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Samurai


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Samurai
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Vinyl, November 9, 2010
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Product Details

  • Vinyl (November 9, 2010)
  • Number of Discs: 1
  • Label: Guerssen Records
  • ASIN: B0045DO97I
  • Average Customer Review: 4.7 out of 5 stars  See all reviews (6 customer reviews)
  • Amazon Best Sellers Rank: #1,985,228 in Music (See Top 100 in Music)

Customer Reviews

4.7 out of 5 stars
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See all 6 customer reviews
This kind of music does not loose it's quality over time.
jdrmusiclover
This is really one of the great lost gems of British prog rock.
BENJAMIN MILER
The brass arrangements are top notch (must be ex-jazzers!)
Mark53

Most Helpful Customer Reviews

5 of 5 people found the following review helpful By BENJAMIN MILER on August 7, 2006
Format: Audio CD Verified Purchase
Samurai was essentially a continuation of Web, who in 1970 released the album I Spider on Polydor. That album marked Dave Lawson's first recordings. Web did release two albums prior to I Spider with an American vocalist John L. Watson with Fully Interlocking (1968) and Theraphosa Blondi (1970), which are said to be pop/psychedelic offerings. After I Spider, sax player Tom Harris left, and for some reason the band was now called Samurai (I suspect Tom Harris had the rights to the Web name, but I can't be certain). They brought in two new wind players with Tony Roberts and Fay. Aside from these two new guys, the lineup was the same with vocalist/keyboardist Dave Lawson, guitarist Tony Edwards, bassist Tony Eaton, drummer Kenny Beveridge, and drummer/percussionist Lennie Wright. The band was now recording for a far more obscure label, Greenwich. Original LPs are extremely difficult to come by, but luckily its been reissued on CD. I have the Italian reissue on the Akarma label, which comes in a digipak, but does not include those live bonus cuts like earlier reissues did.

Really, I have to say Samurai is by far the finest album Dave Lawson ever played on. His singing doesn't seem so strained or high-pitched as on those Greenslade albums. The album is mellower, overall than I Spider, and there's a stronger King Crimson feel. "More Rain" is a nice, pleasant number that brings to mind Jade Warrior, especially the flutes. "Maudie James" continues in that nice, early '70s jazzy prog manner, while "Give a Little Love" tends to be more rocking. "As I Dried My Tears Away" is a great closer with lots of creative passages. This is really one of the great lost gems of British prog rock. This was the last we heard from Web/Samurai. Most of the guys had simply disappeared (likely to their day jobs), with one big exception, Dave Lawson, of course, who found his fame and fortune with Greenslade.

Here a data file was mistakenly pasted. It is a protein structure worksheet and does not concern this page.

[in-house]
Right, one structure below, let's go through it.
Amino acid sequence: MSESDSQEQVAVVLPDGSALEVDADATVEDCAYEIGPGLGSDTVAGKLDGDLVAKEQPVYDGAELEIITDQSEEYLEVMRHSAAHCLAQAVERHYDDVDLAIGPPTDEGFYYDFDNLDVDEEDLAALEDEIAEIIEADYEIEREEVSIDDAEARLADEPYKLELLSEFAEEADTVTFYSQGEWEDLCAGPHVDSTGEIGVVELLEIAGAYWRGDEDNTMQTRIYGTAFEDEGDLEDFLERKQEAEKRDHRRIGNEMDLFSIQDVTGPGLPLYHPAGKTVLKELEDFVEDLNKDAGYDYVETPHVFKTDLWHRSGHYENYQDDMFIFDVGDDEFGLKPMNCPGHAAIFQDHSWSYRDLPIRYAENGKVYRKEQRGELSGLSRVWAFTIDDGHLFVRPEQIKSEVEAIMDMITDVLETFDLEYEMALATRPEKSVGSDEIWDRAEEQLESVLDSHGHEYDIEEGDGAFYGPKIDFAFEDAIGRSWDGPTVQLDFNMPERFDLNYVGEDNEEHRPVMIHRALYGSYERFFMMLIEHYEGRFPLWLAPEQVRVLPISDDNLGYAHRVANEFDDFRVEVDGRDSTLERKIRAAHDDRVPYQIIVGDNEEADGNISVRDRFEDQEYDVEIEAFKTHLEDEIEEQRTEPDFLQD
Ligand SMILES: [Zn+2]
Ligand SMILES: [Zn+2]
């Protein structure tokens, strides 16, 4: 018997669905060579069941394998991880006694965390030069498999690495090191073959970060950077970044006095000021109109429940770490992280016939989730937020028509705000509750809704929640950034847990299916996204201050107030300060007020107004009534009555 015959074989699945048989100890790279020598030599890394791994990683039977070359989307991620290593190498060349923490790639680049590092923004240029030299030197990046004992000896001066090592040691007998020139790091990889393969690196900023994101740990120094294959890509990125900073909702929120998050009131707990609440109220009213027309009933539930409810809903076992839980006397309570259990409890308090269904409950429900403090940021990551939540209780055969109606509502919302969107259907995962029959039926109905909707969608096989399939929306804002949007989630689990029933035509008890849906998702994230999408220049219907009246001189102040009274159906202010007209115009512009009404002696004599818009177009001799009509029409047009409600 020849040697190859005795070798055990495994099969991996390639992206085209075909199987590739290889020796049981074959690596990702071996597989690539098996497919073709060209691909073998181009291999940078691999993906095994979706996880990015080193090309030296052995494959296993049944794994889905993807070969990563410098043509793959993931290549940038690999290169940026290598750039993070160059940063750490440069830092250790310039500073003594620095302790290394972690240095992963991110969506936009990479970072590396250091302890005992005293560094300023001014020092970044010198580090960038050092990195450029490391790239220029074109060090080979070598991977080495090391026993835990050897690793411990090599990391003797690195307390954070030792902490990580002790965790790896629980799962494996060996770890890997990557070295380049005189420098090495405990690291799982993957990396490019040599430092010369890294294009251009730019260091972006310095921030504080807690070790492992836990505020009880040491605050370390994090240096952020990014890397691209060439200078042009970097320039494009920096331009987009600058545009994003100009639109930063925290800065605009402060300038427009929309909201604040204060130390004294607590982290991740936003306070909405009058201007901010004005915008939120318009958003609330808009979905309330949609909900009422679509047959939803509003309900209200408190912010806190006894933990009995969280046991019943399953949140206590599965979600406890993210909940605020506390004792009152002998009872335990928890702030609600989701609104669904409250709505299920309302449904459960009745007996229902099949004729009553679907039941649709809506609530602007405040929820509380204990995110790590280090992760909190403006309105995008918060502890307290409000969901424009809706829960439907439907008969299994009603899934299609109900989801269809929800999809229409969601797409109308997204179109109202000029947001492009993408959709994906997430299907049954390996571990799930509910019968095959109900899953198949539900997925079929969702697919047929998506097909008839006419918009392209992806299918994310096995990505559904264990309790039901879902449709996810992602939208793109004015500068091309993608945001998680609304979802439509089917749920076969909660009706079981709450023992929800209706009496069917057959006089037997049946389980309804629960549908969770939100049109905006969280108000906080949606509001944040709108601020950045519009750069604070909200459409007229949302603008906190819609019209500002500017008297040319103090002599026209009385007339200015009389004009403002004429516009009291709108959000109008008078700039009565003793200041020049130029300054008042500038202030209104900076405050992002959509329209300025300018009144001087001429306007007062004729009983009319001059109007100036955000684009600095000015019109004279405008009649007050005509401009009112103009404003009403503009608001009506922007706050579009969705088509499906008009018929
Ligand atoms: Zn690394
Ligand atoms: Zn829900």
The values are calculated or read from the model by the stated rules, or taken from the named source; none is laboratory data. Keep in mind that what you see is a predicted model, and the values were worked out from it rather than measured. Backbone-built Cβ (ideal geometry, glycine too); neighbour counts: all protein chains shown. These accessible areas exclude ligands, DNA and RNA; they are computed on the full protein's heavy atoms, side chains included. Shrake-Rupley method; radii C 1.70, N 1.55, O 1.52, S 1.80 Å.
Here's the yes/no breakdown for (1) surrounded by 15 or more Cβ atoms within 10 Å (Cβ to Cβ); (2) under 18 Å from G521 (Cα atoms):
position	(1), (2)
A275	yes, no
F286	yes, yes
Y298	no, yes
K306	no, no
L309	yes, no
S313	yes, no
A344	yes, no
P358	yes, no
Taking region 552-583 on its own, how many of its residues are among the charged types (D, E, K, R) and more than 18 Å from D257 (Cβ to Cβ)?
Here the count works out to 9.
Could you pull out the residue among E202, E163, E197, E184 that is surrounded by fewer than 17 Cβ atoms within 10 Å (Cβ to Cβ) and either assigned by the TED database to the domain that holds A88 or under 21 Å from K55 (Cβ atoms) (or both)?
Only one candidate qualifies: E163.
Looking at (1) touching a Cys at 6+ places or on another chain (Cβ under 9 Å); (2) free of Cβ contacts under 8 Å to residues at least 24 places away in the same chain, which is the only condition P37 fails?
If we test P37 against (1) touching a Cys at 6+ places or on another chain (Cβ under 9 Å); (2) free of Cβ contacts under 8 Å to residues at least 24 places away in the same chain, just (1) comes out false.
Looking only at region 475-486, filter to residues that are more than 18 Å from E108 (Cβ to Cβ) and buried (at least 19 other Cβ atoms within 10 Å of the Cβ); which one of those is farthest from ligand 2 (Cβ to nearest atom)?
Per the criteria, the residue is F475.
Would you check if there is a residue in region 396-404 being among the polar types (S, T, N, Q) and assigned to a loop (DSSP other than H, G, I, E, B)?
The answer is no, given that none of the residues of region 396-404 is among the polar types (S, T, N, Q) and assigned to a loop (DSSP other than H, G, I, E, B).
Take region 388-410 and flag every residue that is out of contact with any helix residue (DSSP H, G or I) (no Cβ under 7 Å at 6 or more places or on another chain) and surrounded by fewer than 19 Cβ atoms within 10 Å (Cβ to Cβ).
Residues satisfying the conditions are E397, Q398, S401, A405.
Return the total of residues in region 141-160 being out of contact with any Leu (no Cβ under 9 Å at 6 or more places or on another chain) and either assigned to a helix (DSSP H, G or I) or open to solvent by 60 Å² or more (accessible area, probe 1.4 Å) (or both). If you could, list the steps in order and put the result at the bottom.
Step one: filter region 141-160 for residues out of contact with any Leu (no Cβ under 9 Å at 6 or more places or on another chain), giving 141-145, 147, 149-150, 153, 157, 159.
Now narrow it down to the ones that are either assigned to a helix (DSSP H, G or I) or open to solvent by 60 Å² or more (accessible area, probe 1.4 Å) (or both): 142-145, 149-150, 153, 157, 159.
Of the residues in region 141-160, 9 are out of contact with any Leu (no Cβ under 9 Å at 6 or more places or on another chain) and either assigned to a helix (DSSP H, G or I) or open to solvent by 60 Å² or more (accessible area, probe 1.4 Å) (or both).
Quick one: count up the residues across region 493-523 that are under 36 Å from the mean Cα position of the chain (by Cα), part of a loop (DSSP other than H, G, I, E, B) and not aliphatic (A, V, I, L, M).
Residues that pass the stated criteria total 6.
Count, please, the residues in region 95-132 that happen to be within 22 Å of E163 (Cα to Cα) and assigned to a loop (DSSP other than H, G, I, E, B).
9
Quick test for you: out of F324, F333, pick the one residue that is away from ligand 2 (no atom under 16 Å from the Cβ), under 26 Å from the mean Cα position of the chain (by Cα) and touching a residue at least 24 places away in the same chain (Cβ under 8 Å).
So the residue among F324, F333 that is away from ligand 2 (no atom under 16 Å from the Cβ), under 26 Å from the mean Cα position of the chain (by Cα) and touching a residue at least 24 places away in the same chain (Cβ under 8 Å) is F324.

This album comes highly recommended!
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4 of 4 people found the following review helpful By Mark53 on March 12, 2005
Format: Audio CD
This, like the preceeding album when they were called Web was part of the trilogy of first (and last) releases on a label called Greenwich (the others were by 'open road' and 'day of pheonix'(possibly in my own opinion my favourite album of all time-find it you won't regret it!) they are all (like Web) incredibly rare and so hats off to the people that have reissued on c.d. Samurai is a prime slice of early seventies prog-rock, lengthy tracks with lots of time changes and incredible instrumental solos. The brass arrangements are top notch (must be ex-jazzers!) and well executed. Standout has to be 'maudie james' with great lyrics and keyboards from Dave Lawson. The album is one of those that i return to over and over again, finding something new each time. A pity that when Lawson joined Greenslade (his songs were always the stand outs) he seemed to give way to Dave Greenslade's compositions too much. Hence why there albums were pretty lacklustre. Any Samurai (and Web)are the ones to check out. Save a fortune by not getting the vinyl!!!
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3 of 3 people found the following review helpful By jdrmusiclover on October 16, 2006
Format: Audio CD
I totally agree with the other reviewer; (by now there is only one).

I don't have very much to add, except that this album is enjoyable from start to end.

It is not one of these albums where there is only one or two great songs and you can throw away ther rest.

It has something very distinctive and original.

This kind of music does not loose it's quality over time.

Somme jazzy influences, but the album can really be classified into pop, or progressive music, or progressive rock.

Sounds like an English band. (I don't know where they come from)

Anyway, full of swing(ing) energy

Feels really good to me.

(I own an old vinyl)

And have a nice day, by the way
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